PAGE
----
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Authors: Band of Iron

Geoffrey Condit

BOOK: Geoffrey Condit
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Band of Iron

 

 

Geoffrey D. Condit

 

Copyright © 2014 Geoffrey D. Condit

All rights reserved.

ISBN: 978-1500657178

ISBN-13: 1500657174

 

ACKNOWLEDGMENTS

 

 

I’d like to thank my writing teacher, Nina Pykare, veteran novelist, for her wisdom and friendship.  A big thank you to my son, Thierry, for his technical help, constant interest and support.  Thank you for my wife, Kathleen, for her unwavering belief and sustained encouragement over many years.

 

 

Special thanks to Kathleen and Thierry for the cover design.  A thank you to Frances M. C. Hoffman for modeling her hand.

 

 

 

 

 

 

 

1

 

 

    Catharine Clifford topped the small rise, and reined in her Spanish horse to face Henry Stafford, the Second Duke of Buckingham.  “You must be mad!”

    The duke controlled his restive black gelding with practiced ease.  “My lady, you forget yourself.   Perhaps you tire from our journey.”  His sardonic gaze raked her.

    A breeze whipped Catharine’s chestnut hair across her face, and she brushed it away.  Panic gripped her throat, but she kept it from choking her voice.  “I am well aware of my position, Your Grace.”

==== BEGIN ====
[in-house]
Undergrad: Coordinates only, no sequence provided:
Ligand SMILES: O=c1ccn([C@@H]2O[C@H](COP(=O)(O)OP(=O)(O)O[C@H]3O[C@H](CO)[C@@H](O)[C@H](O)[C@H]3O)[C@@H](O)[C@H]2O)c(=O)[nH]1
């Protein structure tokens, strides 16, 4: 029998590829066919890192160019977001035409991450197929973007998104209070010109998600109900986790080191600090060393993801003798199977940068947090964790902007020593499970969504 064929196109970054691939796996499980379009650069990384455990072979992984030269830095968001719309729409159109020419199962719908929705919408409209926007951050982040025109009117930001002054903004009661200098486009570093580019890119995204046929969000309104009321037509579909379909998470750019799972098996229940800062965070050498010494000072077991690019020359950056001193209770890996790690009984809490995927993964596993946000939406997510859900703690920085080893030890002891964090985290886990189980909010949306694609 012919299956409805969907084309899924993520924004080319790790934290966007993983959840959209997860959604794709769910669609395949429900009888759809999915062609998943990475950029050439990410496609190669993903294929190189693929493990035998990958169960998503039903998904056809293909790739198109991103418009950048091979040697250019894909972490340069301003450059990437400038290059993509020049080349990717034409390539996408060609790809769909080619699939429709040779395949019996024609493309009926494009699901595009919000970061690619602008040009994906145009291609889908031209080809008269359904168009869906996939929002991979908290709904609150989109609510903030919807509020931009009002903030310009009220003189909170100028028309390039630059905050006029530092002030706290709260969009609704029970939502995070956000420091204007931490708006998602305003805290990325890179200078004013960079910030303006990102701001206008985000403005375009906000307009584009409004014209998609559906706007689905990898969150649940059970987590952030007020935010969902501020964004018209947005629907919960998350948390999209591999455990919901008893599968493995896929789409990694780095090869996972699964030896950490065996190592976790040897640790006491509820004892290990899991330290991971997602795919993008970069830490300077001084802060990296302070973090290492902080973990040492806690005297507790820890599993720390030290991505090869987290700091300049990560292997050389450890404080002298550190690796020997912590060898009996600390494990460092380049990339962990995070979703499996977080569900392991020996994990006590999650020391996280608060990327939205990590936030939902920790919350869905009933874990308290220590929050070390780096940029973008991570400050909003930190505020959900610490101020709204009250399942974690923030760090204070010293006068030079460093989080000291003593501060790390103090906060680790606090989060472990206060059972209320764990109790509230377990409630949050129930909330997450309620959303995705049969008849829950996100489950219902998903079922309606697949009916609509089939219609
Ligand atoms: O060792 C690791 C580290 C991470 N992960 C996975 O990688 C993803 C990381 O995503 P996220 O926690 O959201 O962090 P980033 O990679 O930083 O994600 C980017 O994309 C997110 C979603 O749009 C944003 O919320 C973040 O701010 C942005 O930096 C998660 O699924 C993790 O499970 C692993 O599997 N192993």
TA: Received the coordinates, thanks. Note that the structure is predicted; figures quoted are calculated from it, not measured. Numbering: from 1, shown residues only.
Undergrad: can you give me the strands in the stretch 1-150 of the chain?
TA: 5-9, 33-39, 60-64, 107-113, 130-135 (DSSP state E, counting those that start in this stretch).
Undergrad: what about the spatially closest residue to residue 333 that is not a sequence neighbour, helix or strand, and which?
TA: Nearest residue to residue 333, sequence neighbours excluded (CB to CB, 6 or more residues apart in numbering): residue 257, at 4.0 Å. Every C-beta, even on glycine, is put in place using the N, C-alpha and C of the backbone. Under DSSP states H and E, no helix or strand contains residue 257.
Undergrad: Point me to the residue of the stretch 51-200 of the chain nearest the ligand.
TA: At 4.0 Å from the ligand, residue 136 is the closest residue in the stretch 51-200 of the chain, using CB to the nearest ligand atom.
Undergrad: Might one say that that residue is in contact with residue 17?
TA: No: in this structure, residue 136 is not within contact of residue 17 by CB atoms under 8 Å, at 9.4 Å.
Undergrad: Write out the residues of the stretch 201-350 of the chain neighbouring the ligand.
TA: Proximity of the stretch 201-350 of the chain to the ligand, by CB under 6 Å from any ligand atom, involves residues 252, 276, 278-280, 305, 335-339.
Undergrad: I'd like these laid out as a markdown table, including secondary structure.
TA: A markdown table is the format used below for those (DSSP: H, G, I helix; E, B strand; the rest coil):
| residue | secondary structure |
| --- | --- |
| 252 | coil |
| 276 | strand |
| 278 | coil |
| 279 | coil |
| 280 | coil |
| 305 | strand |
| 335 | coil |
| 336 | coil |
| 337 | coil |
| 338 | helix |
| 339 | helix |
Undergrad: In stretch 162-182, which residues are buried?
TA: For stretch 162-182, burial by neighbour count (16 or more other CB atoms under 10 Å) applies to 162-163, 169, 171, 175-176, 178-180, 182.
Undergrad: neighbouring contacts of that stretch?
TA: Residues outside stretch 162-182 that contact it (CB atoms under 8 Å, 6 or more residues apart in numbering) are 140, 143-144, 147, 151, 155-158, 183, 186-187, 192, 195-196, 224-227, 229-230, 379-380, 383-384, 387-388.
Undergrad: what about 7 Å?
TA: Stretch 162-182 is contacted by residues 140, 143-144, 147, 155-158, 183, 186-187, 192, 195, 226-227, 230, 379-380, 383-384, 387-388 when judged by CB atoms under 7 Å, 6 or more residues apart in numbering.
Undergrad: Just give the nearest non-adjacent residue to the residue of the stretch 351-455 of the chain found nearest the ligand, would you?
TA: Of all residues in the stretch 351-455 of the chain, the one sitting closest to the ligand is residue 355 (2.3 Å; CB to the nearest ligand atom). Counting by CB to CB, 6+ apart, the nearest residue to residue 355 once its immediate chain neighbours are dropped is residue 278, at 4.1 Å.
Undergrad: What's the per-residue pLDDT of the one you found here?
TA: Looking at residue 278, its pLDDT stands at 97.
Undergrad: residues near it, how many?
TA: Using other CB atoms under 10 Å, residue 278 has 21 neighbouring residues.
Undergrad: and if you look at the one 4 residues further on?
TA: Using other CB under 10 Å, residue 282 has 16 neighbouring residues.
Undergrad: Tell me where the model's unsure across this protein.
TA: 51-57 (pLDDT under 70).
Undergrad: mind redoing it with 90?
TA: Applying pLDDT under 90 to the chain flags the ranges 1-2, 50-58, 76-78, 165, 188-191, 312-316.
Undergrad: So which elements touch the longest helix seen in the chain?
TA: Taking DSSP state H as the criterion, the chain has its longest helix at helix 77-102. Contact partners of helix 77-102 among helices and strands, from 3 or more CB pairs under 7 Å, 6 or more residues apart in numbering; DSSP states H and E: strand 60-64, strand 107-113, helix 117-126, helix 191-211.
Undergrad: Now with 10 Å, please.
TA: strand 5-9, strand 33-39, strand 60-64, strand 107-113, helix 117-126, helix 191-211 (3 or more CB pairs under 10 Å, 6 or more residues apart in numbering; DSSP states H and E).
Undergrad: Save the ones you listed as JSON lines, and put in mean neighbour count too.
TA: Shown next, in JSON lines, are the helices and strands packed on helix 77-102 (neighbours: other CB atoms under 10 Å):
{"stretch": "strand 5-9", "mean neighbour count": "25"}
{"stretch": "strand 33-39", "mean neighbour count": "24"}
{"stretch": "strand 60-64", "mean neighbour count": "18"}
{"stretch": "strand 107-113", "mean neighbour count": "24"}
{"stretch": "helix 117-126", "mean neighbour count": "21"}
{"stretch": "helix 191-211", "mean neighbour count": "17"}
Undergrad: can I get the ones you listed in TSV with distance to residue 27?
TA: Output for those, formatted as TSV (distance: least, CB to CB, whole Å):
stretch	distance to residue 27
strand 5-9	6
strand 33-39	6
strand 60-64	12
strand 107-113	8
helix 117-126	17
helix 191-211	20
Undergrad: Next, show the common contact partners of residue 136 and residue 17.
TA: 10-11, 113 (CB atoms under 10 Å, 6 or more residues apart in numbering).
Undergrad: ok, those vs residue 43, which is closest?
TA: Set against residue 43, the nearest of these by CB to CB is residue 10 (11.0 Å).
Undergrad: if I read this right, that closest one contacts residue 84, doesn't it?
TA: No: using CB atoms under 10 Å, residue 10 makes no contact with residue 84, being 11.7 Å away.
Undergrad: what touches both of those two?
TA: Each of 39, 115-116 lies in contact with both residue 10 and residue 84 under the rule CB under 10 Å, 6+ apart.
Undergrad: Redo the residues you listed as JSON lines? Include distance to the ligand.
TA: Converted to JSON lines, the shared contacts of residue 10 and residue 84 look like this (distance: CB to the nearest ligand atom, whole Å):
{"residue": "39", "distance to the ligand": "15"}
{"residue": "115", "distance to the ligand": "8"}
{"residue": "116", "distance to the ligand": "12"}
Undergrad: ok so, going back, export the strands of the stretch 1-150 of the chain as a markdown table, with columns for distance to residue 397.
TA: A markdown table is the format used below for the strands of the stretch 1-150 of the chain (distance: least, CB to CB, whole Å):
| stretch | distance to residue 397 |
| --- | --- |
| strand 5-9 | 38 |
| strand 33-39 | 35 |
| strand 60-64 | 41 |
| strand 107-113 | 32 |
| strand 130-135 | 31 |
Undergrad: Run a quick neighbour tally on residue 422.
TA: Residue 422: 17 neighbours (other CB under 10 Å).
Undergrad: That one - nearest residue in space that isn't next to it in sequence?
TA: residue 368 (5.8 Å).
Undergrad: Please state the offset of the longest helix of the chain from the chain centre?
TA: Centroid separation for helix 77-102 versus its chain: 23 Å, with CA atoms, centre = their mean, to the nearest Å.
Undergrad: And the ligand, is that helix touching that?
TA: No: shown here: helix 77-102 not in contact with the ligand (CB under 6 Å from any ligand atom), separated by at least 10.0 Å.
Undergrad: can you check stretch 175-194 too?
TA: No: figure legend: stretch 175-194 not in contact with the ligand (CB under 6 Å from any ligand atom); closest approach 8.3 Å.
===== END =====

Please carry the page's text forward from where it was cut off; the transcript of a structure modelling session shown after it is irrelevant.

“I think not.”  He smiled, face pitted and hard.  “You are the daughter of a Lancaster noble attained and without honor.”  His wintry pleasure chilled her.

    Catharine’s face ached from the effort to control her anger.  “You insult my family ... ”

    “My dear,”  Buckingham said in a soothing voice,  “arguing is pointless.”   His steel studded glove reached into his green velvet doublet, and pulled out a scroll.  “King Richard, Third of the Name, agreed to my proposal.”

    Catharine crushed the reins in her hands, cursing him silently for his power over her.

    Buckingham said,  “Your wardship cost me six hundred pounds.  I intend to see my money well spent.”

    She wished she could risk slapping his self-satisfied face.  But she said,  “Now, give me your real reason.”